As for the Sea Robbers, their fullback balance sheet has been boosted by the timely return of rightback Happy Jele, after a year's absence with an anterior cruciate knee injury. Thabo Matlaba has deputised well for Jele in recent weeks, away from his usual posting on the left, where new signing Patrick Phungwayo has been a steadily improving operator. So De Sa has a tricky call to make.

"Happy is in contention for a starting berth – we have a choice of three that are as good as any in the league," said De Sa. "Jele's size is a big asset; he's really good in the air and a threat at setpieces. He has a good engine, just like Matlaba and Phungwayo. He might not be as skilful as the other two, but he's a good athlete and gets up and down the pitch well – plus he's possibly a better defender."

The derby will reveal much to Bafana coach Gordon Igesund about his fullback permutations ahead of the African Nations Cup. He has invested four friendly starts in leftback Ricardo Nunes, but a compelling showing from Masilela could see him leapfrog the Portugal-born ­journeyman into contention for a starting berth against Cape Verde.

At the highest level, Nunes's shortage of pace is a risk factor that may outweigh his tidy crosses and cunning free kicks.

Like Nunes, Masilela is a stronger attacker than he is a defender, but he may win the race because of his superior international experience – plus a creditable campaign in Spain with Getafe last term.

As for the rightback berth, Igesund can take some comfort in the consistently solid form of both rivals for the slot – Gaxa and Genk stalwart Anele Ngcongca.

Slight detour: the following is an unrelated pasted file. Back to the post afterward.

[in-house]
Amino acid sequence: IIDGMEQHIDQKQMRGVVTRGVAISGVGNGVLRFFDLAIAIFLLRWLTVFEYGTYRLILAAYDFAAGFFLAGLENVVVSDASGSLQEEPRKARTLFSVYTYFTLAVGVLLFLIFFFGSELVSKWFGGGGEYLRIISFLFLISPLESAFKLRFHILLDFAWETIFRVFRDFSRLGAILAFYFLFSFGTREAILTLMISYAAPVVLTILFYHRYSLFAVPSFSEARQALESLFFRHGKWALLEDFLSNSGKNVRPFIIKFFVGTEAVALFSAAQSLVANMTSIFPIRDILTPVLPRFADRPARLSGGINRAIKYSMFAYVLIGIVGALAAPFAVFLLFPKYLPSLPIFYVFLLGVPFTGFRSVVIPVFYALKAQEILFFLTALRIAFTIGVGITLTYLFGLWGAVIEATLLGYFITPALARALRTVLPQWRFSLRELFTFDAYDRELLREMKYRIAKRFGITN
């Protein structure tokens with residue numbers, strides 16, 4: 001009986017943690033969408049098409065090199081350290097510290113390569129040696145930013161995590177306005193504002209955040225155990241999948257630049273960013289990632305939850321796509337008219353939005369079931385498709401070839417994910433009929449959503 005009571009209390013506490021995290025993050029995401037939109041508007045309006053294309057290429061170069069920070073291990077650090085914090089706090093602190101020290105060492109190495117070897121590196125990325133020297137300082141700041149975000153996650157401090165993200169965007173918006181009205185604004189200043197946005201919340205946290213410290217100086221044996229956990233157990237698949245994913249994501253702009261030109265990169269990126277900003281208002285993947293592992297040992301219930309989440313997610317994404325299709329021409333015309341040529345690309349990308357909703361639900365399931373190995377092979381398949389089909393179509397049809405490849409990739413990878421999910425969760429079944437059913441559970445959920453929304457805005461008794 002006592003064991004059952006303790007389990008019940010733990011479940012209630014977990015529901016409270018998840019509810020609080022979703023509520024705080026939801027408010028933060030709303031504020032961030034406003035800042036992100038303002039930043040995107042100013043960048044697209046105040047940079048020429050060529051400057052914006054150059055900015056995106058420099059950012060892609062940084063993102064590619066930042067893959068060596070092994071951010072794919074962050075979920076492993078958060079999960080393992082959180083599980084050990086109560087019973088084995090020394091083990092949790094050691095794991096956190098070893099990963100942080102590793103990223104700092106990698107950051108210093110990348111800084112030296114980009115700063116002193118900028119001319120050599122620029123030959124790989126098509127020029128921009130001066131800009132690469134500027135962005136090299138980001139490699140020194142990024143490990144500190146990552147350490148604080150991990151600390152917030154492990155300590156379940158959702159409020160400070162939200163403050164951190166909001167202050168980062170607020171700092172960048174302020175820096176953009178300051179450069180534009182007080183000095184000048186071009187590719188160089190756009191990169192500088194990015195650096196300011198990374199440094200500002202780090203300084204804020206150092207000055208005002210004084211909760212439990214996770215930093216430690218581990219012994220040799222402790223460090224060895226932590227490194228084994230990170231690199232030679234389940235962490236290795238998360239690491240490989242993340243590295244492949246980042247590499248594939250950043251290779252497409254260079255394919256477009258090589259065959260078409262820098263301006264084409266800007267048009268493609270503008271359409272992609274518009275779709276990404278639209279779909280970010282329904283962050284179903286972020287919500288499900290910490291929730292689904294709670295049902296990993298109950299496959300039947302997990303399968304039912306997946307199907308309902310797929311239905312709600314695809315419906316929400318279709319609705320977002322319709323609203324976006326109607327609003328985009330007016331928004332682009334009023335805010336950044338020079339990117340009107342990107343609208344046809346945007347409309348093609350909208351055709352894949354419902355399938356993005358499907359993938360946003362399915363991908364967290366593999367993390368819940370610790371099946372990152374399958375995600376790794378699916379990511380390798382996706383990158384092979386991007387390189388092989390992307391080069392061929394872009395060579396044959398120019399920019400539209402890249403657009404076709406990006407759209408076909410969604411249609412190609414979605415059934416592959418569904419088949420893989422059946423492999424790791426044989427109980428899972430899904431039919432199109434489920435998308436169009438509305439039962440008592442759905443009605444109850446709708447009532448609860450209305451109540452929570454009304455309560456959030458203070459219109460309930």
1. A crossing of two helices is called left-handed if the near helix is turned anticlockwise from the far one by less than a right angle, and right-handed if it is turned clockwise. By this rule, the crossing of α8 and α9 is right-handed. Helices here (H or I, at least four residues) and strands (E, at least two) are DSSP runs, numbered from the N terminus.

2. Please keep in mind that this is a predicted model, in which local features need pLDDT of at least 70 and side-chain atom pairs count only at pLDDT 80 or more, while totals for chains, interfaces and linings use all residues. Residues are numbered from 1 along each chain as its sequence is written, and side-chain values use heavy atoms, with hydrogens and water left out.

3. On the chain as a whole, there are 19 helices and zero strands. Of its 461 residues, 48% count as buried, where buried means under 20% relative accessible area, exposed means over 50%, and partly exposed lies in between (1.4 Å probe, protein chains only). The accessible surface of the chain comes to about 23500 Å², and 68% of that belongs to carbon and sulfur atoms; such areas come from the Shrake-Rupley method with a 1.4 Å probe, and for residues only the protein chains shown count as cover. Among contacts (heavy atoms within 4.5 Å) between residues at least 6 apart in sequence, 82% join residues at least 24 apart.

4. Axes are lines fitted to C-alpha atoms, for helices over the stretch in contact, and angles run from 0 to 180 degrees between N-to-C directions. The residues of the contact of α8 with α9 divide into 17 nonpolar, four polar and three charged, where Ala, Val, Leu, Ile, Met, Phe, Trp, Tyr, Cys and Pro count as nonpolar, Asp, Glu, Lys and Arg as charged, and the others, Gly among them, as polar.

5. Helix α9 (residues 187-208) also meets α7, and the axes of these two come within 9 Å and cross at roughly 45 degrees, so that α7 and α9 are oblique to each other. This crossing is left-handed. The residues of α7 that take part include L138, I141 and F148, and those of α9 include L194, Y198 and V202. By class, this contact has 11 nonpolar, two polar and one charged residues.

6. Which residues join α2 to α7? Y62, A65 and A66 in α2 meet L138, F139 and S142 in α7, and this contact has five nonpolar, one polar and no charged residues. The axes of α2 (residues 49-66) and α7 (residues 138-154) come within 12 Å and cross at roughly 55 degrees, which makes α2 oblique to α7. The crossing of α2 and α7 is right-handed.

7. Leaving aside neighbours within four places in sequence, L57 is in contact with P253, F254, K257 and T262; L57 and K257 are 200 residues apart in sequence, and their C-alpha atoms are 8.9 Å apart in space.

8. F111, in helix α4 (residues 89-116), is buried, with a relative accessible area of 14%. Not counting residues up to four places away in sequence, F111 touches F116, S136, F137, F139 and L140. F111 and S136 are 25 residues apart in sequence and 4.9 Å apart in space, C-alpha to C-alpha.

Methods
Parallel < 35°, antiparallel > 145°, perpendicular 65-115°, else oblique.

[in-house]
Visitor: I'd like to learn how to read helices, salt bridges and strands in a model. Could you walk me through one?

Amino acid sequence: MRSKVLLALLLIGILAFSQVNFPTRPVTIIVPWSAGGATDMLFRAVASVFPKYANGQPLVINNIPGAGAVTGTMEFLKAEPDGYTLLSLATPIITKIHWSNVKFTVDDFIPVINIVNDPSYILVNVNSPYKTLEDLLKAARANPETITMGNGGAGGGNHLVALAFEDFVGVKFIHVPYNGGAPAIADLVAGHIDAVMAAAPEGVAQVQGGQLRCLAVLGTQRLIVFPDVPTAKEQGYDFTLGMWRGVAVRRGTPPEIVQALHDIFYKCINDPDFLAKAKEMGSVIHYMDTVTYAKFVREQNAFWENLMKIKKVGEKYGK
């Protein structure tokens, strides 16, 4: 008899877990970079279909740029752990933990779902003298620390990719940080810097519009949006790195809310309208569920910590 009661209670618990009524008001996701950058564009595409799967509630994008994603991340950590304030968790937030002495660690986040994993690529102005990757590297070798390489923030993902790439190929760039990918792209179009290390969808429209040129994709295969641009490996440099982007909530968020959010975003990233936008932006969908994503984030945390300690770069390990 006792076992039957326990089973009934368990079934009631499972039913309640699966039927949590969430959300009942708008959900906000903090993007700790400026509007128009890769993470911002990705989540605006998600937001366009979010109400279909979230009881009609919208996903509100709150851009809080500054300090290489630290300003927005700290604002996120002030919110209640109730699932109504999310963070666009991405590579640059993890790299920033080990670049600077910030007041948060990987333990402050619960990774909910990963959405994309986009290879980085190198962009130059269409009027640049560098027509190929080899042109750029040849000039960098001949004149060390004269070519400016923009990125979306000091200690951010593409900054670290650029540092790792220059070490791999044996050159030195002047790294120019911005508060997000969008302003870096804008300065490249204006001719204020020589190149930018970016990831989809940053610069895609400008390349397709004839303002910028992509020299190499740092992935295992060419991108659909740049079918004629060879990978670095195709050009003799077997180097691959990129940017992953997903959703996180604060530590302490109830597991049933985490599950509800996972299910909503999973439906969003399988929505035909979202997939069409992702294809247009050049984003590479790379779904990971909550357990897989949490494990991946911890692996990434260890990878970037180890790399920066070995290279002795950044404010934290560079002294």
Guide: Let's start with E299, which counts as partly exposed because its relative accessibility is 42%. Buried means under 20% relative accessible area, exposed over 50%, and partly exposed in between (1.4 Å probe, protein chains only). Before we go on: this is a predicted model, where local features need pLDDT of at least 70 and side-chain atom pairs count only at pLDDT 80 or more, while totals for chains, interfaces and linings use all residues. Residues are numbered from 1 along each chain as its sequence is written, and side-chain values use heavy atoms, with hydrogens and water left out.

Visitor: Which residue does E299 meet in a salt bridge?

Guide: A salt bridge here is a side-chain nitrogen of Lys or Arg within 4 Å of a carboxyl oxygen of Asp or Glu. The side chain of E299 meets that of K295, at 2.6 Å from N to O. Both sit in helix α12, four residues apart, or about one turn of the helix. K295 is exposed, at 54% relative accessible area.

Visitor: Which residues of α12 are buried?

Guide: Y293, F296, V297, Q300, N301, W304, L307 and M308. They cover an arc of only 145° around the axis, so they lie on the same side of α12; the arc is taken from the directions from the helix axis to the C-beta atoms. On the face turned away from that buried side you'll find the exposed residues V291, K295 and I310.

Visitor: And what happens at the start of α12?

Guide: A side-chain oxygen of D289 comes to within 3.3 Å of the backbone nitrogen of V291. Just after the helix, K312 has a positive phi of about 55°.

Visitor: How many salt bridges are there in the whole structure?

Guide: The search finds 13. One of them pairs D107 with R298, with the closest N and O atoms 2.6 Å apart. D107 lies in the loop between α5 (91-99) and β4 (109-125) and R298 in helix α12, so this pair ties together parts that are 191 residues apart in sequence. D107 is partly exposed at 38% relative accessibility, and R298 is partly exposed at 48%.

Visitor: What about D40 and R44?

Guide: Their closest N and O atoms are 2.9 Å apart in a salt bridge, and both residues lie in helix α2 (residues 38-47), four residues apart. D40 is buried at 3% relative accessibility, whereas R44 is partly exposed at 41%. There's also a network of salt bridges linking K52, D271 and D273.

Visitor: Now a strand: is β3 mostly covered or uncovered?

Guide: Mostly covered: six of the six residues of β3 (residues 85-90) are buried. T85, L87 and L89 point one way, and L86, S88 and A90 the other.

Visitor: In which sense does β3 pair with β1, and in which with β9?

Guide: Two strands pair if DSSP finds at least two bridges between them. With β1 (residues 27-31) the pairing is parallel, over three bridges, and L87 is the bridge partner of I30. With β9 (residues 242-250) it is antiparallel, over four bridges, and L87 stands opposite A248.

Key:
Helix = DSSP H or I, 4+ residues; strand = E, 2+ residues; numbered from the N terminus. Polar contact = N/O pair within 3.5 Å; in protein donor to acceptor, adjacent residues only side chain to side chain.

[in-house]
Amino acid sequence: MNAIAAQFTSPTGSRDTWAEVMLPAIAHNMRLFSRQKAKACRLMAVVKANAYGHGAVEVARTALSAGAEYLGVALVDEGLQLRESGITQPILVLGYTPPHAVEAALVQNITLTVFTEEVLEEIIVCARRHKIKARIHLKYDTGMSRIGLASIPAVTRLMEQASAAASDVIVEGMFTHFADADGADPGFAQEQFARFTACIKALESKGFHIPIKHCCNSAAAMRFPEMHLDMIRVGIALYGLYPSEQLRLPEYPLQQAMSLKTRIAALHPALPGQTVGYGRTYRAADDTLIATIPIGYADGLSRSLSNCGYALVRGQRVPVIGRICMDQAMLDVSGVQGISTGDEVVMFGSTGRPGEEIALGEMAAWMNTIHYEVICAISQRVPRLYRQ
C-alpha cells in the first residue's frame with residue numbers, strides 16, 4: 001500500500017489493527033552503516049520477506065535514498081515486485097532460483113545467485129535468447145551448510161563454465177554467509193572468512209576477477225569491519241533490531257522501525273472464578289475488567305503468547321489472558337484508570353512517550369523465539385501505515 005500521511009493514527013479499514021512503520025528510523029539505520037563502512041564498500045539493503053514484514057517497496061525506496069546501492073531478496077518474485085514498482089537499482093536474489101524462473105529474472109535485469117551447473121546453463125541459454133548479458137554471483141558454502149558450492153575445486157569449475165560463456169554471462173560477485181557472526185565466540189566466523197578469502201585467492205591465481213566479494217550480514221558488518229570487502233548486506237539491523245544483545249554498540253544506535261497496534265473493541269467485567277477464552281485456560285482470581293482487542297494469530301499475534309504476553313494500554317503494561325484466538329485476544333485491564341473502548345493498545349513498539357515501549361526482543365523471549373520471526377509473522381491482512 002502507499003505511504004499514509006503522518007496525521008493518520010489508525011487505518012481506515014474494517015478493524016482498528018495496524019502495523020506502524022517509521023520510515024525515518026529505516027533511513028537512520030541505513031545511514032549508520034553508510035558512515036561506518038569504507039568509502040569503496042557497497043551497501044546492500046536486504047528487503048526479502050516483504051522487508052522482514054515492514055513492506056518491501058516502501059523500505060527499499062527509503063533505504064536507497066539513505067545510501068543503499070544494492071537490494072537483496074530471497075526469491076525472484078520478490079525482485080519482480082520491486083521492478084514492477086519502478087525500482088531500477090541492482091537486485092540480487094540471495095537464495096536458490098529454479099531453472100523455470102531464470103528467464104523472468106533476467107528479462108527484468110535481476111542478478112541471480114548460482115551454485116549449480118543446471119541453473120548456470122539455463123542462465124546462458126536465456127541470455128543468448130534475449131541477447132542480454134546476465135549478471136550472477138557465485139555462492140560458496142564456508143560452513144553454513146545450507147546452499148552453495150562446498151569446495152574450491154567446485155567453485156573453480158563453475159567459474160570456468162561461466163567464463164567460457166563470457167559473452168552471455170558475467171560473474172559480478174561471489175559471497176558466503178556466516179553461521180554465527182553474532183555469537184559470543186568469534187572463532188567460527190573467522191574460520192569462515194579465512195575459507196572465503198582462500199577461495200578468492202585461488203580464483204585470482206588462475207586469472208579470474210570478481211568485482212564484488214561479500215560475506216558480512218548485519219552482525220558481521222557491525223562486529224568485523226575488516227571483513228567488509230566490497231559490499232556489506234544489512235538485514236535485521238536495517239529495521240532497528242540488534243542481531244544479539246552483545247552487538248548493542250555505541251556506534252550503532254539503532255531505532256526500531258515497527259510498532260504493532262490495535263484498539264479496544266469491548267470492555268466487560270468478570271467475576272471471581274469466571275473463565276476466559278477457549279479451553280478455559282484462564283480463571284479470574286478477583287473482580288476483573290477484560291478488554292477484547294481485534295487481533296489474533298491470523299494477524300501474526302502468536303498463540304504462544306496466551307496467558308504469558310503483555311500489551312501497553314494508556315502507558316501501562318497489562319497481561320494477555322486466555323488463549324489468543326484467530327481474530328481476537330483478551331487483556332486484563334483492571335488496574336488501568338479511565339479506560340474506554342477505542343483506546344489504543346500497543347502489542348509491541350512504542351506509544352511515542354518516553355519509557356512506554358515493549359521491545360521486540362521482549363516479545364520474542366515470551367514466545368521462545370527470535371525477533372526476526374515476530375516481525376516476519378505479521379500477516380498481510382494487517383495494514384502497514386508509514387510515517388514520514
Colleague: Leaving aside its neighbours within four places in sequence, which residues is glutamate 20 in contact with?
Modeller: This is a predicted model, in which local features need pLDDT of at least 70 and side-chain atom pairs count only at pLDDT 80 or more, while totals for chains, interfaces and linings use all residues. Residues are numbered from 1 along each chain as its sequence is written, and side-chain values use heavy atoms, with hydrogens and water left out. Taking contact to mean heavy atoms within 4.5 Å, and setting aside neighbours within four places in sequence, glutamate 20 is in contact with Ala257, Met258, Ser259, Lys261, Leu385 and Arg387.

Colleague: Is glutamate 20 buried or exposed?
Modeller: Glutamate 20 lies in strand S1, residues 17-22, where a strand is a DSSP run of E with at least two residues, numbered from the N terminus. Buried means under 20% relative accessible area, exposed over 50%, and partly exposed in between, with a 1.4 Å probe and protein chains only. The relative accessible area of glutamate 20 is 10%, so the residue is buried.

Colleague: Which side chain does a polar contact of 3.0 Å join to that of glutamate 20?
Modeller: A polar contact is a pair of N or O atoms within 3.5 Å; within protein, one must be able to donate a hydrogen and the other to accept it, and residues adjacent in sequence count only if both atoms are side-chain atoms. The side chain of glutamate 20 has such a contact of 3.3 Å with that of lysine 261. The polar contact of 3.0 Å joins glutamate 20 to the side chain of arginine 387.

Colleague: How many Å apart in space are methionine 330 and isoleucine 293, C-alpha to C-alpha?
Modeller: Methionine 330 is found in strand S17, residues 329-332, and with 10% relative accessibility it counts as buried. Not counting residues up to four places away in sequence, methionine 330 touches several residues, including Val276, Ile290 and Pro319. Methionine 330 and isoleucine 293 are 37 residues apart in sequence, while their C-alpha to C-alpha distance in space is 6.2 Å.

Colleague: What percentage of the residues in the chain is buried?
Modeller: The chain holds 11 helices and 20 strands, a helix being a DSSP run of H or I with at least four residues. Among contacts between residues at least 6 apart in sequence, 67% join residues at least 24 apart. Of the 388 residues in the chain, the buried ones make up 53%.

Former Bafana leftback legend David Nyathi endorses Masilela and Gaxa as a starting pair. "Gaxa is such a hard-working player. He is totally committed," he said this week. "Ngcongca is a good fullback, but I think Gaxa has played 49 games for Bafana and, where we're going now, we need that kind of experience."

Nyathi, who is now the U13 coach at Ajax Cape Town, added: "I've rated Masilela very highly from the beginning. Because he's injury-prone, there hasn't been much continuity in his contribution. But I really enjoy watching him play.

"That said, I do think all our fullbacks need to get better. Football is an all-rounders' game now – most players need to have a range of defensive and attacking skills. The higher intensity demands a higher level of versatility."

Intensity does not get much higher than it will at Soccer City.

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Carlos Amato
Carlos Amato is an editorial cartoonist, writer and illustrator living in Johannesburg, with a focus on sport, culture and politics. He has degrees in literature and animation, used to edit the ‘Sunday Times Lifestyle’ magazine and is the author of ‘Wayde van Niekerk: Road to Glory’ (Jonathan Ball, 2018).